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A suit brought by Mary Brown intends to force the issue of whether or not all Americans should be covered by health insurance in what may become a landmark case before the U.S. Supreme Court. Now that the health care reform bill has been signed into law, and barring successful challenges such as Brown’s, the law goes into effect fully in 2014, Mary Brown is testing whether everyone in America have to have health insurance. What about people who may not be able to pay for health insurance, should they be forced to purchase it? Mary Brown is suing due to the 2010 health care reform law’s mandate that everyone should have to purchase health insurance in the U.S., or pay a penalty, and her case is slated to be heard before the U.S. Supreme Court this month. According to an Editorial in the March 11 LA Times, Mary Brown claims, "the law's insurance mandate is unconstitutional and that the rest of the act should be thrown out with it."

Ironically, the Browns’ current financial situation—she and her husband have lost their business and, according to the LA Times, have approximately $60,000 in consumer debt, as well as more than $4,000 in unpaid health care bills—may make a case for the exact opposite. Mary Brown, it would seem, according to the LA Times, is now "an exemplar of a problem the new law was designed to address."

The law was originally designed to mitigate situations such as the Browns are experiencing—if they had health insurance, perhaps the unpaid health care bills at least would be covered. "Uninsured and underinsured Americans rack up about $61 billion in medical bills every year that they cannot afford, forcing doctors and hospitals to pass those costs on to federal taxpayers and those patients who can pay their bills", according to the LA Times piece.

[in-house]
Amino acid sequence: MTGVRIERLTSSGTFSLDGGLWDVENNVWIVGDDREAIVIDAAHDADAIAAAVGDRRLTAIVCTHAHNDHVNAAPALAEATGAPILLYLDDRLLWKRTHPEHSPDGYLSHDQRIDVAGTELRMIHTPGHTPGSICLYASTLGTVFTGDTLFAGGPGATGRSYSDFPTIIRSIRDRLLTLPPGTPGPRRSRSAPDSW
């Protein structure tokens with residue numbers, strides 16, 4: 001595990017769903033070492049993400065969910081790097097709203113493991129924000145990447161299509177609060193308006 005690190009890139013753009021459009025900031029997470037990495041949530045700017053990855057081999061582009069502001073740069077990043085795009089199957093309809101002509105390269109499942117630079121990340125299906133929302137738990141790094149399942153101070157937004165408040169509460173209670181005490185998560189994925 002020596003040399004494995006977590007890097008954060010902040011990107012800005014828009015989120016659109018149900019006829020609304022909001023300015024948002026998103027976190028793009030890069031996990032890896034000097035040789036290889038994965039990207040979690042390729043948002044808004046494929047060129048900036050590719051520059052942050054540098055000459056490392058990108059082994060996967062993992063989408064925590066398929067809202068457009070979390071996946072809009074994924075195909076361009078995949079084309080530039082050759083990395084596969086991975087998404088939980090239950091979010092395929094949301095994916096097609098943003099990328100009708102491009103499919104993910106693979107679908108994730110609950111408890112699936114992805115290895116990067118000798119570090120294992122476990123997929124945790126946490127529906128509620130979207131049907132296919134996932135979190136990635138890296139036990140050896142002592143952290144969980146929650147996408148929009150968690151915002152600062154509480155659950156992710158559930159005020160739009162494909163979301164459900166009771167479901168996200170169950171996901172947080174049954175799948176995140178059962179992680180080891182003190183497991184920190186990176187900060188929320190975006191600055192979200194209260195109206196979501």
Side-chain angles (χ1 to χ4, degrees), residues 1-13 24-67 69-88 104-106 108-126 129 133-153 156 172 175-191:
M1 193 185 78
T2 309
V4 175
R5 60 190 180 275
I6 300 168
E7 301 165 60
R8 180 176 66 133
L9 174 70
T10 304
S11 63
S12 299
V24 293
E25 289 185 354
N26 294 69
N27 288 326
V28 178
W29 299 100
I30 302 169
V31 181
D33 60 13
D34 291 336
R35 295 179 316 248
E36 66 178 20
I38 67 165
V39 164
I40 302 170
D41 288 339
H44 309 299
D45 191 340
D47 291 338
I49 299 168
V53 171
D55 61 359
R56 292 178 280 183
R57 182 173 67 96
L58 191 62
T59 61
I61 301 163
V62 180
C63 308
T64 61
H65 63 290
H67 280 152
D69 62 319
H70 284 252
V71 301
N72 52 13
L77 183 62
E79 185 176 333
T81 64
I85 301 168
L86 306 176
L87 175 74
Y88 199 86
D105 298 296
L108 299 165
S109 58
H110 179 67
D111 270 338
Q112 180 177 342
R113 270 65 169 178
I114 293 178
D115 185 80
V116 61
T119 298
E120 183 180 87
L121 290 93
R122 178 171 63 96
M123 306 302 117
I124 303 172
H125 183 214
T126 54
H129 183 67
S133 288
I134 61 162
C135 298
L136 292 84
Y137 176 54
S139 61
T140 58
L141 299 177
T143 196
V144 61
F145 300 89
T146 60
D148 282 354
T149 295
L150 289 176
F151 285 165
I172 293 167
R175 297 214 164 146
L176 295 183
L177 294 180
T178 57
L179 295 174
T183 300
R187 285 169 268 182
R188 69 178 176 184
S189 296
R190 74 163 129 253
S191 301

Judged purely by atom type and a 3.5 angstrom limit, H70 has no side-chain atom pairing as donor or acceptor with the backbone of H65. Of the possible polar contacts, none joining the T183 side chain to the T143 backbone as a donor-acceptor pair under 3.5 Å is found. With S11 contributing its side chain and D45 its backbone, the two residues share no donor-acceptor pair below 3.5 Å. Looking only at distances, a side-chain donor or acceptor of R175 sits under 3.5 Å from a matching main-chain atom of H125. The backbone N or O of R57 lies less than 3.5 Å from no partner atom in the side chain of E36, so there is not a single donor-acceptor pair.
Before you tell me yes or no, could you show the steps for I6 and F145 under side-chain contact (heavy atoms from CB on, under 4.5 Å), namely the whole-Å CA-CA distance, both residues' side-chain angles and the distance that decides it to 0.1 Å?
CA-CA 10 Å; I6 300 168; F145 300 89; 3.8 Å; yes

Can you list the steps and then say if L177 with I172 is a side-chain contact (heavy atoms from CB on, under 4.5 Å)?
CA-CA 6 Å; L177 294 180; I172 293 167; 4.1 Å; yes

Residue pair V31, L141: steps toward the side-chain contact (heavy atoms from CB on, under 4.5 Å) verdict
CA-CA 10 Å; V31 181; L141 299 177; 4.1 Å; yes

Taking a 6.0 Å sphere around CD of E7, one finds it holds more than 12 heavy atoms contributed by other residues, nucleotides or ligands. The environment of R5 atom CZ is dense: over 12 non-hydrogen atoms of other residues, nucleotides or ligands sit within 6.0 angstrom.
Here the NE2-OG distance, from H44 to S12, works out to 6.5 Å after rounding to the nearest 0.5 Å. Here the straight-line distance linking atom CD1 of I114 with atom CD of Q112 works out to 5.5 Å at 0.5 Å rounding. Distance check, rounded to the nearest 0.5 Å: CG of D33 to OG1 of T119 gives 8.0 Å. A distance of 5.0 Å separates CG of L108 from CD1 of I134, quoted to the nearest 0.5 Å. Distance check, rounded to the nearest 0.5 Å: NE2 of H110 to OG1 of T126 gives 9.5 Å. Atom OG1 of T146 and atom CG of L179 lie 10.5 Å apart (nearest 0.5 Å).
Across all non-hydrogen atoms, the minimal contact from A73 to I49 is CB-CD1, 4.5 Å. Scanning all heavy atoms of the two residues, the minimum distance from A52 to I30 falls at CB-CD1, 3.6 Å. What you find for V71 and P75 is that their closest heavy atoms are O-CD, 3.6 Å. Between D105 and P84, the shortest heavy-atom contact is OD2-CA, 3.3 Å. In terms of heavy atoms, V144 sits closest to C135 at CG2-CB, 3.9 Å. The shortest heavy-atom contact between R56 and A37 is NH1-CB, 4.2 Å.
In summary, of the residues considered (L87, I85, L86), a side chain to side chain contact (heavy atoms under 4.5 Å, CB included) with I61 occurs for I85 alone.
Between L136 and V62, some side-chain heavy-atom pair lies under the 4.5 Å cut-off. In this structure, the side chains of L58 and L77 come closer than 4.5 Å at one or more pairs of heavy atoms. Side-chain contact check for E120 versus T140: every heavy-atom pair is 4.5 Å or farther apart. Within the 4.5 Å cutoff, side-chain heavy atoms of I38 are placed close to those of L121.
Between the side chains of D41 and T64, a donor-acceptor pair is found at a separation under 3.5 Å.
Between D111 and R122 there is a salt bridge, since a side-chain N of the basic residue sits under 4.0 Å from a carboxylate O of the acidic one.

One intended goal of the health care reform law was to reduce the dollar amount of uncompensated care from $61 billion to around $25 billion and to balance the law's insurance reforms–which keep companies from denying coverage to people with pre-existing conditions and from making their policies too expensive for people to be able to purchase. But, in order to keep people from obtaining health care insurance when they know they are ill and then dropping the coverage when they become healthy again, Congress required all adult Americans to maintain health insurance coverage or pay a tax penalty.

Brown believes that the law would not work the way it was intended if the mandate were scrapped. Others believe that the health care reform law’s provisions are valuable no matter what happens to the mandate. While this debate rages, hospital costs continue to rise, doctors and health insurance companies continue to succeed financially, even in a lousy economy… and insurance companies still find a way to deny people health care insurance due to pre-existing conditions—they now say simply, "you don’t qualify due to medical reasons." The current system is broken, almost all agree. Will ObamaCare make it better, or fix it? If the Supreme Court strikes down the law, we may never know.


  1. Gravatar for Dan

    You really did not add anything to the conversation. Basically you just repeated what the Times said

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